It likely took highly radioactive water two months to travel just over 10 meters to reach a monitoring well that is at the forefront of the crippled Fukushima No. 1 nuclear power plant’s latest leak scare, according to Tokyo Electric Power Co.
The plant operator said Oct. 18 that 400,000 becquerels of strontium and other beta-ray sources per liter of water were detected a day earlier in the well located near the storage tank from where 300 tons of highly radioactive water leaked during the summer. The spike is about 6,500 times more than the 61 becquerels recorded in the well on Oct. 16. In addition, a record 790,000 becquerels of tritium per liter of water were also detected, more than three times the previous reading.
"Radioactive water that escaped the tank probably seeped into the soil around pumping equipment adjacent to the well and migrated into the well itself," Masayuki Ono, acting general director of the Nuclear Power and Plant Siting Division at TEPCO, said Oct. 18.
The utility is considering collecting the radioactive soil near the well and pumping out the contaminated groundwater, Ono added.
Strontium is believed to accumulate in bones and can cause bone cancer and leukemia. Tritium is a radioactive isotope of hydrogen.
The legal limit for release into the environment is 30 becquerels per liter for strontium and 60,000 becquerels per liter for tritium. They both emit beta rays, which are more easily shielded than the gamma rays emitted by cesium and other radioactive substances.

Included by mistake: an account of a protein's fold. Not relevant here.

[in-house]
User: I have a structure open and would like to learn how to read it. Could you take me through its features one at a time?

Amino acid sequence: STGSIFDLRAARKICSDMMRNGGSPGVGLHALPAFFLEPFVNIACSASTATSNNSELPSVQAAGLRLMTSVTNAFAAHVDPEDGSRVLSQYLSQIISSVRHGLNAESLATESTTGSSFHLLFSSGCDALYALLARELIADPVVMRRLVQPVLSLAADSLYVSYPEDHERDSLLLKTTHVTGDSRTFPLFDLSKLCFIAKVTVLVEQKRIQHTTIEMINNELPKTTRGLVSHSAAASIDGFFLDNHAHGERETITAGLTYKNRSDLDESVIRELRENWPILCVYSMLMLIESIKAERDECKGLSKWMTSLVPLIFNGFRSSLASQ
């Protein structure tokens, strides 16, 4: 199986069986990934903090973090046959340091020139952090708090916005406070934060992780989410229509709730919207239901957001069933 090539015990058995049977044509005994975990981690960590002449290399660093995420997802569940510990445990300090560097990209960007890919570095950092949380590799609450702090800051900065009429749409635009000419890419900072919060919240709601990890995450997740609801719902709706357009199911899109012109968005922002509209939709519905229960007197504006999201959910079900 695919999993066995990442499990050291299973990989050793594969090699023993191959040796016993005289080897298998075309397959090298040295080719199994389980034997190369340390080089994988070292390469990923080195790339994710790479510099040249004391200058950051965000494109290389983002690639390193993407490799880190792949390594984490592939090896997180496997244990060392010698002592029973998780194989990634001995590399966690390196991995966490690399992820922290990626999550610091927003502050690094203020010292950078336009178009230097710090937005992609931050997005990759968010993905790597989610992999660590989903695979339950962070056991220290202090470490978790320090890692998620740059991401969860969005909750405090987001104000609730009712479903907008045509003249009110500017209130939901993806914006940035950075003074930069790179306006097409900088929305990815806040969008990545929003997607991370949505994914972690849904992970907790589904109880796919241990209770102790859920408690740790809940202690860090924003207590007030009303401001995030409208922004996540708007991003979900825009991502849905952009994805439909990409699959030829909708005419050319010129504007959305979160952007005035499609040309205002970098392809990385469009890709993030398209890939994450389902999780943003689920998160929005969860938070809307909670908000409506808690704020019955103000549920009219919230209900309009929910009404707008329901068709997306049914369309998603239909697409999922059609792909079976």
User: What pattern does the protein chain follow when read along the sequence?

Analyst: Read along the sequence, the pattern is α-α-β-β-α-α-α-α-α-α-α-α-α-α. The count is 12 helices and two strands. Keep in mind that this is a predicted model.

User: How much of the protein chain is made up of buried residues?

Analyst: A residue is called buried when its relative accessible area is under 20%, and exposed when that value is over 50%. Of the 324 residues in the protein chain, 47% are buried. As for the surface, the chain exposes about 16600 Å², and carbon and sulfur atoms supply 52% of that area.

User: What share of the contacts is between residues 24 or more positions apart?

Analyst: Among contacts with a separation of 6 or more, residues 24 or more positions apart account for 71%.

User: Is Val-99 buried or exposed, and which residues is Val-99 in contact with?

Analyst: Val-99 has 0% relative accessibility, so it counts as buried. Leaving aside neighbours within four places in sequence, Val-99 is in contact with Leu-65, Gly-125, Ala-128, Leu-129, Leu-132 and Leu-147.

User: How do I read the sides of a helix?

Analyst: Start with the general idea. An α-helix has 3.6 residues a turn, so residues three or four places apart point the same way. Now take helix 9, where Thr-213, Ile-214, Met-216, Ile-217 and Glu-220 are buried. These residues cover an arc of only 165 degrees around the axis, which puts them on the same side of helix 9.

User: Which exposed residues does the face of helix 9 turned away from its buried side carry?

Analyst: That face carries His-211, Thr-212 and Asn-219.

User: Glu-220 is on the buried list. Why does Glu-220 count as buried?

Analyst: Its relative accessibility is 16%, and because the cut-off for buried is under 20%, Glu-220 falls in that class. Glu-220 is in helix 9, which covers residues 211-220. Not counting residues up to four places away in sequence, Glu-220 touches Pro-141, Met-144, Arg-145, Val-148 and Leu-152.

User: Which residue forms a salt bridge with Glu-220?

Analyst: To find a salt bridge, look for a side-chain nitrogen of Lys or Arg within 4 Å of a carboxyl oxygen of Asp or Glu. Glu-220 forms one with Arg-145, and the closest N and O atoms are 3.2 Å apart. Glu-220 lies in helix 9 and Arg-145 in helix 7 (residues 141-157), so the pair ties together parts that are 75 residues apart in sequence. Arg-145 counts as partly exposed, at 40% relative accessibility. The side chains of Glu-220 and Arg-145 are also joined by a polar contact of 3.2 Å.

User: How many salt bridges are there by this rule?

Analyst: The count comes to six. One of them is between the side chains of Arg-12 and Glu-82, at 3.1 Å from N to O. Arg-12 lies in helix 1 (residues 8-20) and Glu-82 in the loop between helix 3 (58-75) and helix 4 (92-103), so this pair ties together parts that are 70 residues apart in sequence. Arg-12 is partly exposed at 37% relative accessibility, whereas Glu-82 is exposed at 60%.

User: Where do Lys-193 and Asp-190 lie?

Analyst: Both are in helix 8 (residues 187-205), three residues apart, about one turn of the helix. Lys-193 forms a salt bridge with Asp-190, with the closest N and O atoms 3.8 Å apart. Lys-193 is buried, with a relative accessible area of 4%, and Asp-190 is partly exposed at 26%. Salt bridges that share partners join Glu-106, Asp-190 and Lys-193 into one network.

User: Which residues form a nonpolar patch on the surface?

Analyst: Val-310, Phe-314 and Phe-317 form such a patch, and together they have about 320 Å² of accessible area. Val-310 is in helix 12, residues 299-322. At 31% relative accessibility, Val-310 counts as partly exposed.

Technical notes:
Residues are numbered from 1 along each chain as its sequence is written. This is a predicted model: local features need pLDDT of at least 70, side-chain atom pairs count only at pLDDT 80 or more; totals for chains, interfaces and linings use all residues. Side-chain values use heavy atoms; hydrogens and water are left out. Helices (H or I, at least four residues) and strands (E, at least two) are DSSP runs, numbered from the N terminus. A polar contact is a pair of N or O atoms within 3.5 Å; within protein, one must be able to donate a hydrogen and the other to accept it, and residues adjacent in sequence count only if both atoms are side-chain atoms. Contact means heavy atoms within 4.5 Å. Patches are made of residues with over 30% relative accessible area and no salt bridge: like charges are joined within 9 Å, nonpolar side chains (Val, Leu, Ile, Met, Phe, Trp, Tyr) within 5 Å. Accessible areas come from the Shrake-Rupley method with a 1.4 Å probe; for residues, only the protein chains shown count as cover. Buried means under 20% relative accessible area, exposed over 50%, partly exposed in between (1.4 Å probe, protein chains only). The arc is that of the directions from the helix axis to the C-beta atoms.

TEPCO began sampling groundwater from the well in question on Sept. 8 to gauge the spread of radioactive contamination. The levels of tritium, which easily spreads with groundwater, reached 320,000 becquerels per liter on Oct. 10. Strontium, on the other hand, sticks to soil and spreads more slowly. While 3,200 becquerels of strontium were found per liter of water when the monitoring began, its levels hovered between 60 and 90 becquerels per liter just days earlier.
As a precautionary measure, TEPCO dug an array of "bypass" wells where groundwater is intercepted before reaching the contaminated areas around the reactor and turbine buildings. If necessary, the groundwater will be rerouted to the ocean directly. There would be no risk of the water becoming contaminated. Those wells are located about 130 meters on the sea side of the well in question.
TEPCO officials said they will now take additional measures to prevent water in the bypass wells from becoming contaminated, adding that detection wells that are located between the storage tank where the leak occurred and the bypass wells so far have shown no increased radiation levels.
The utility also said Oct. 18 that it had collected 2,400 tons of rainwater that had accumulated behind barrier walls that surround storage tanks that hold radioactive water as a result of Typhoon No. 26.
It did so after determining radiation levels exceeded provisional safety standards. The utility said it will store the contaminated water in the basement of the turbine building for the No. 2 reactor.
TEPCO added it had discharged another 2,400 tons of rainwater from behind the barriers after confirming radiation levels met safety standards. Workers did so by opening up drainage valves on the barriers to let the water run into surrounding soil and along a drainage ditch to eventually reach the ocean.
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